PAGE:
It’s a scary world out there and technology, although helpful and convenient, has made the world a little scarier for parents trying to shield their young from dangers lurking around every corner. Now that dangers no longer lurk but visit you in your home and stream into your children’s bedrooms, how do you make the judgement call on when mobile phones and Facebook are a good idea – one that will keep them safe and connected, or a hand-held danger ready to explode at any moment.
Cell phones for kids?
I remember when I got my first cell phone. I was at the ripe old age of fourteen (going on fifteen). Mobile devices had been around for a while but they weren’t commonplace and even if you had one it would hardly ever ring because no one needed to get in touch until after school when they would have access to their landlines anyway. The networks were terrible, the phones were bulky and it was almost embarrassing to pull one out. And you definitely couldn’t parade it at school, it would almost certainly be confiscated as a ‘toy’ and you would be berated for ‘showing-off.’ But times have changed. Toddlers have flashing mobiles, mock iPads and kiddie laptops courtesy of Fisher Price, so beyond playing house they’re learning how to live in the digital world from a very young age.
Arguments that mobiles will affect the general development of children will probably have to be rubbished if you allow your child to sit in front of the TV and play games all day. It’s true that text-speak may have an affect on your child’s spelling and grammar but if you continue to send them to school, check their homework and be as involved in their education as you should be I’m sure this can be curbed. Then there is the issue of your children ‘growing up too soon’ and detaching themselves from the family unit to sit with their heads in their screens through dinner, prematurely missing out on the human interaction around them – that can wait until they’re fourteen right?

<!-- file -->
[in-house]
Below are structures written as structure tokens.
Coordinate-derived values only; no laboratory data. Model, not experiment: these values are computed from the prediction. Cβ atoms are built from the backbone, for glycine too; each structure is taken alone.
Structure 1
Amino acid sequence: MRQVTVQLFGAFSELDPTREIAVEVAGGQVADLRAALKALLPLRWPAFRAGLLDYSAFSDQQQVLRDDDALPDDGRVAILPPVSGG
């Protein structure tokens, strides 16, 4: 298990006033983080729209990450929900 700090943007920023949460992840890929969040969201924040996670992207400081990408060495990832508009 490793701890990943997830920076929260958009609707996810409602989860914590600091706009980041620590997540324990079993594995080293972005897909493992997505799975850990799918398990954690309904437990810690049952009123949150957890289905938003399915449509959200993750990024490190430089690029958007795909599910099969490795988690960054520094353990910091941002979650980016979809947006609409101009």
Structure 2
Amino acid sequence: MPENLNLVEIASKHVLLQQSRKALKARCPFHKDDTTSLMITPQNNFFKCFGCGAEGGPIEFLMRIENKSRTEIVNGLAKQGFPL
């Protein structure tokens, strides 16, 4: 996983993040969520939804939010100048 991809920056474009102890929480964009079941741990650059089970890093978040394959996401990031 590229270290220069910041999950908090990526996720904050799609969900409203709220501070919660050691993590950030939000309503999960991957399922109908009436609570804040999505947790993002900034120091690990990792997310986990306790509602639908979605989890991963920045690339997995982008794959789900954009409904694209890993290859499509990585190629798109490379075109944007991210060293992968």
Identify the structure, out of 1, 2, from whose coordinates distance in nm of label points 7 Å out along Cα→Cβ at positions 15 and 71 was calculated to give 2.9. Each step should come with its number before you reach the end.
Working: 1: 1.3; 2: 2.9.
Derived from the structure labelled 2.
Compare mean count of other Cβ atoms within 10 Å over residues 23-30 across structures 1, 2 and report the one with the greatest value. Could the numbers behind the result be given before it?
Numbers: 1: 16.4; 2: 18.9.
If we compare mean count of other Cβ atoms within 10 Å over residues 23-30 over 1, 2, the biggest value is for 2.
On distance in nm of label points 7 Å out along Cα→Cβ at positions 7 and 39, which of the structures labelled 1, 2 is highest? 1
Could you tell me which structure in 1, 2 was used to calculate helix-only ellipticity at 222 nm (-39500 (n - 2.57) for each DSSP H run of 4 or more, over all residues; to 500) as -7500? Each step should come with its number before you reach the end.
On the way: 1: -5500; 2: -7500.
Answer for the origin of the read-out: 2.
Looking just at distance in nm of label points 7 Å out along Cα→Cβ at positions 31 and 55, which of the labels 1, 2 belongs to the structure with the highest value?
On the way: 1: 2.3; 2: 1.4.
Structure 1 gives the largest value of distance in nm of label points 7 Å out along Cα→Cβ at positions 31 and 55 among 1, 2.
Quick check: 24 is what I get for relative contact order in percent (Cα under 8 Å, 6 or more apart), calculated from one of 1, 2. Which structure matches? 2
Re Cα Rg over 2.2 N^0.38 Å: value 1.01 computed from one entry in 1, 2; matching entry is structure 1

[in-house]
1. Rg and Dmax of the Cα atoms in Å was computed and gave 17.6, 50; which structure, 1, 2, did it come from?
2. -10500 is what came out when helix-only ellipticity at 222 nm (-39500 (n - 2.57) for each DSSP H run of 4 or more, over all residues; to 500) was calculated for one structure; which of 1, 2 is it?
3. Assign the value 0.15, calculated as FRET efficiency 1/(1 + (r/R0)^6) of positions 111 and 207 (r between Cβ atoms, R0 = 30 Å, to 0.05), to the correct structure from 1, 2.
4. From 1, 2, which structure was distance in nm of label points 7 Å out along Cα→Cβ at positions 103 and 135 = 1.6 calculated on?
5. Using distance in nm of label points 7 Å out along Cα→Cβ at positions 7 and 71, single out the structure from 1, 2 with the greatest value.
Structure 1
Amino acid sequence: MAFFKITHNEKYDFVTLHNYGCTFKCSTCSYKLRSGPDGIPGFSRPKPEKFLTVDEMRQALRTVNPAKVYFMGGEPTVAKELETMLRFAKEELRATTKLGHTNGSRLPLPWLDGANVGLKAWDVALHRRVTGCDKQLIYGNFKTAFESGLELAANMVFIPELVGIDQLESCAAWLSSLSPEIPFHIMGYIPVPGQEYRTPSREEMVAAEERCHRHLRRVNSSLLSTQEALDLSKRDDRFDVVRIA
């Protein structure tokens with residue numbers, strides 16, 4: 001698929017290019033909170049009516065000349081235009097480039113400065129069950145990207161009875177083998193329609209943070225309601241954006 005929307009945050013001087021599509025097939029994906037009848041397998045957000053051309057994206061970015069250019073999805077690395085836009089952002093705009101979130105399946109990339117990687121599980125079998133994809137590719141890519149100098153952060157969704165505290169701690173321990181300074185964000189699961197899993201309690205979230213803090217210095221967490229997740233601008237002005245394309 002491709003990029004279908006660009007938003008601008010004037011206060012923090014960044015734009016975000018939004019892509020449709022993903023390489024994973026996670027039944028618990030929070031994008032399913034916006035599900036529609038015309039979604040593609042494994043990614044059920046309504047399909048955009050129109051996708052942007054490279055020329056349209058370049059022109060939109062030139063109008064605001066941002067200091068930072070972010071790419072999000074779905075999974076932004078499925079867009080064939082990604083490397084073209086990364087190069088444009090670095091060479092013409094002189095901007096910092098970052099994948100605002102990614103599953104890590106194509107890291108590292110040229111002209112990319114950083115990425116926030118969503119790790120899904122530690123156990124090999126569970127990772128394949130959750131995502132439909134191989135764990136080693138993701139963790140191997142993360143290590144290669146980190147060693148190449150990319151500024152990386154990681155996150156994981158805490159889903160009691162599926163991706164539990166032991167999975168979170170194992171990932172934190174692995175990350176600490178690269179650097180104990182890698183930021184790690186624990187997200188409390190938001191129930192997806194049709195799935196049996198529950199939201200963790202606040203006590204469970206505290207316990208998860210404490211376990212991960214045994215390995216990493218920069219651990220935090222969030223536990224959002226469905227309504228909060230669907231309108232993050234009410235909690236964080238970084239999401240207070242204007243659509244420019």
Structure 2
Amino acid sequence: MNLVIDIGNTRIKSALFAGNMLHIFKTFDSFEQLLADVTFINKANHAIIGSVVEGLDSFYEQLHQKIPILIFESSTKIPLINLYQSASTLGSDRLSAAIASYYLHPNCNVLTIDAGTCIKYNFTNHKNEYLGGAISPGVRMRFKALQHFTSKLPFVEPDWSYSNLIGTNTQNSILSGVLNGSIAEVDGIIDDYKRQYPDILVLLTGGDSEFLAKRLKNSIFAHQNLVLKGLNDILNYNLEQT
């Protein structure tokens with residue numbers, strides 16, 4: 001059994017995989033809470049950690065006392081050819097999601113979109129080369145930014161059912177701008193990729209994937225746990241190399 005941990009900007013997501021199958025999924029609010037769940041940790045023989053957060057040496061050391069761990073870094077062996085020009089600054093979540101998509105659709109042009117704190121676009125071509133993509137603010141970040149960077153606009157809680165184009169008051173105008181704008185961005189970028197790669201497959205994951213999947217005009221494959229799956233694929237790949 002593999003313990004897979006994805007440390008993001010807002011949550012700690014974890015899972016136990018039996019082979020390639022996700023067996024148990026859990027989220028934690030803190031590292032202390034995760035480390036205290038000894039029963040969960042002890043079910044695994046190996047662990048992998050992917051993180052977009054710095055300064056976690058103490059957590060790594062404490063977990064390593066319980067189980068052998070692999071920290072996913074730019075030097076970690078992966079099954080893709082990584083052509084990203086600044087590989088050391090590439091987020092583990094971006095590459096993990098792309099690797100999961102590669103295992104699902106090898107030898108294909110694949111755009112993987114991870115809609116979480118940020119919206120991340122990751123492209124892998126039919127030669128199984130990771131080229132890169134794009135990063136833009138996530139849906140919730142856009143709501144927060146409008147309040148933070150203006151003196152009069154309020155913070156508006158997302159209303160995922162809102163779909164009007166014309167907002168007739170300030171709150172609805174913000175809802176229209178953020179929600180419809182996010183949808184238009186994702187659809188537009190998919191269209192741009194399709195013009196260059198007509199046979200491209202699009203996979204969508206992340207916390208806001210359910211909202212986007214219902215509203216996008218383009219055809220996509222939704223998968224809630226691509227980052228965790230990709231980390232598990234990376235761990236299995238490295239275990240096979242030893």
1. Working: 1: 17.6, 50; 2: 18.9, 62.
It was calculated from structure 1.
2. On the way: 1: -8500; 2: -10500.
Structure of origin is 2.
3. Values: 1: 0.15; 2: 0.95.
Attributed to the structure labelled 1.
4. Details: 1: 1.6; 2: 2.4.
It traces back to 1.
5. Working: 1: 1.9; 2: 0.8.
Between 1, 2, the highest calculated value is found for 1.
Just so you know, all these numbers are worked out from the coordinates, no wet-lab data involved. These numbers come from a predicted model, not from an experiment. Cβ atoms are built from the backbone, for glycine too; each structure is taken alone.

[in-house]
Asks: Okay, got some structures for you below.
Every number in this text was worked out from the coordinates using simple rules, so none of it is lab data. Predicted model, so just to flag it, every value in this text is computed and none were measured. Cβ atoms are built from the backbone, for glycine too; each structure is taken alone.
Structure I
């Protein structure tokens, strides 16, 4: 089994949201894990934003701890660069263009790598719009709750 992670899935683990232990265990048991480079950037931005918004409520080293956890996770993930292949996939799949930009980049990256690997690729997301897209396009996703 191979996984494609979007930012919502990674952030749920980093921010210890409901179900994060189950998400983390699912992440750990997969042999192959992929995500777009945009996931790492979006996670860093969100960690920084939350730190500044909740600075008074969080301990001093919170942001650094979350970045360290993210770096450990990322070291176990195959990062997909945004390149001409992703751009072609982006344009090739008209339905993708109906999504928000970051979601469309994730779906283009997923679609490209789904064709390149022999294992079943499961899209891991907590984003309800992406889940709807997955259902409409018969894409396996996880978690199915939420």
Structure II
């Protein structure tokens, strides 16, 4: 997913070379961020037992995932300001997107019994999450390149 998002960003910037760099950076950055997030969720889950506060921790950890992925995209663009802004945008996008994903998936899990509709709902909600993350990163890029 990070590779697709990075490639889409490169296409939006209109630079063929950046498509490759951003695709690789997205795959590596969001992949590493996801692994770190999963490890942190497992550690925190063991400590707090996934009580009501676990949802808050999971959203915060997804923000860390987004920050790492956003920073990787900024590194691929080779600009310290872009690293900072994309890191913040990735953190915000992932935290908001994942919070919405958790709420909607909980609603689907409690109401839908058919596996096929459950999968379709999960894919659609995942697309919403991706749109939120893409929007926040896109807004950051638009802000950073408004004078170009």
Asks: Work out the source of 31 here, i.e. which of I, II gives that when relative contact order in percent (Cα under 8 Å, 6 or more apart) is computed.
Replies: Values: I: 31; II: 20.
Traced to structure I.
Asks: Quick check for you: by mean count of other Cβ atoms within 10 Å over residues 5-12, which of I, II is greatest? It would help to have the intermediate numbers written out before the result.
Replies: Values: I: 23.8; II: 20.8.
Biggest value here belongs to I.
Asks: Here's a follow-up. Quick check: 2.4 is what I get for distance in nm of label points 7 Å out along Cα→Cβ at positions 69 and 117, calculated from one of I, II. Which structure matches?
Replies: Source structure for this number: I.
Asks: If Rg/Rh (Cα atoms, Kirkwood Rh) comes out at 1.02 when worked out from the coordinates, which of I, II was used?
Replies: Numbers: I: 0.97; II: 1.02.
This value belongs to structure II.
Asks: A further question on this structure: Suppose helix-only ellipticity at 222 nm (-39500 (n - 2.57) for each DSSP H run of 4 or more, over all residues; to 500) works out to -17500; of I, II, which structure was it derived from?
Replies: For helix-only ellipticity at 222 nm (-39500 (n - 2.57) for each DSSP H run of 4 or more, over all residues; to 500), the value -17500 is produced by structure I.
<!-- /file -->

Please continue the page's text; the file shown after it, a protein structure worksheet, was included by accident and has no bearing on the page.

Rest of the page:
Then again if your pre-teen does have a phone, you’ll know when their movie is done so you can fetch them, you can keep tabs on their whereabouts when they’re out and if they get into trouble they can be the ones to reach you. Studies conducted in the US show that ‘75% of kids 12-17 have a cell phone.’ Are you not damaging your child by cutting them off from you and their peers if you exclude them from this group? Studies also show that ‘31% of 8-10 year olds own a cell phone and 69% of 11-14 year olds.’ After that the numbers soar to over 85%. According to soundmindinvesting.com, the best way to approach the matter is to ask yourself how much your child needs a phone. Do they have after-school activities and will they be away from home for extended periods of time? Another important question is whether your offspring are responsible or whether they’ll abuse their new gadget, lose it frequently or put you in the poor house with exorbitant bills. In the end it’s a very personal decision and should be treated on a case-by-case basis.
Social media for kids?
This is an even trickier one. Social media isn’t necessarily about keeping in touch with your child or their safety. If your child has on-line profiles and visits chat rooms there will be a whole lot more policing and trusting you’ll need to do. Facebook has a set age limit of thirteen but clearly this is not adhered to with over seven million minors under the age of thirteen reported to be registered users on the site.
Social media is so deliciously attractive to kids – it’s a secondary arena for the school hallway but can be just as damaging depending on the child. Cyber-bullying is one important aspect to consider when lifting the restrictions on your home PC. Digital Trends reported on an opinion-based poll done by SodaHead.com, a leading authority on social-networking use – according to this study, 34% of parents believed the current Facebook rules that do not allow under-thirteen’s are right on the money. 19% went so far as to say that Facebook should be strictly for adults over eighteen years old. It will be next to impossible to prevent our child from joining a network since they can do this from absolutely anywhere, so be vigilant and check the sites for evidence of your child’s participation if you believe they are way too young. Manage your home privacy settings, teach your kids the dangers of the digital world, encourage open communication at home and make use of the “report an underage child” form on Facebook if you have to. You cannot educate them if you don’t know, so force yourself to get tech-savvy if you’re not. A little embarrassment today will go a long way to keeping your child safe tomorrow.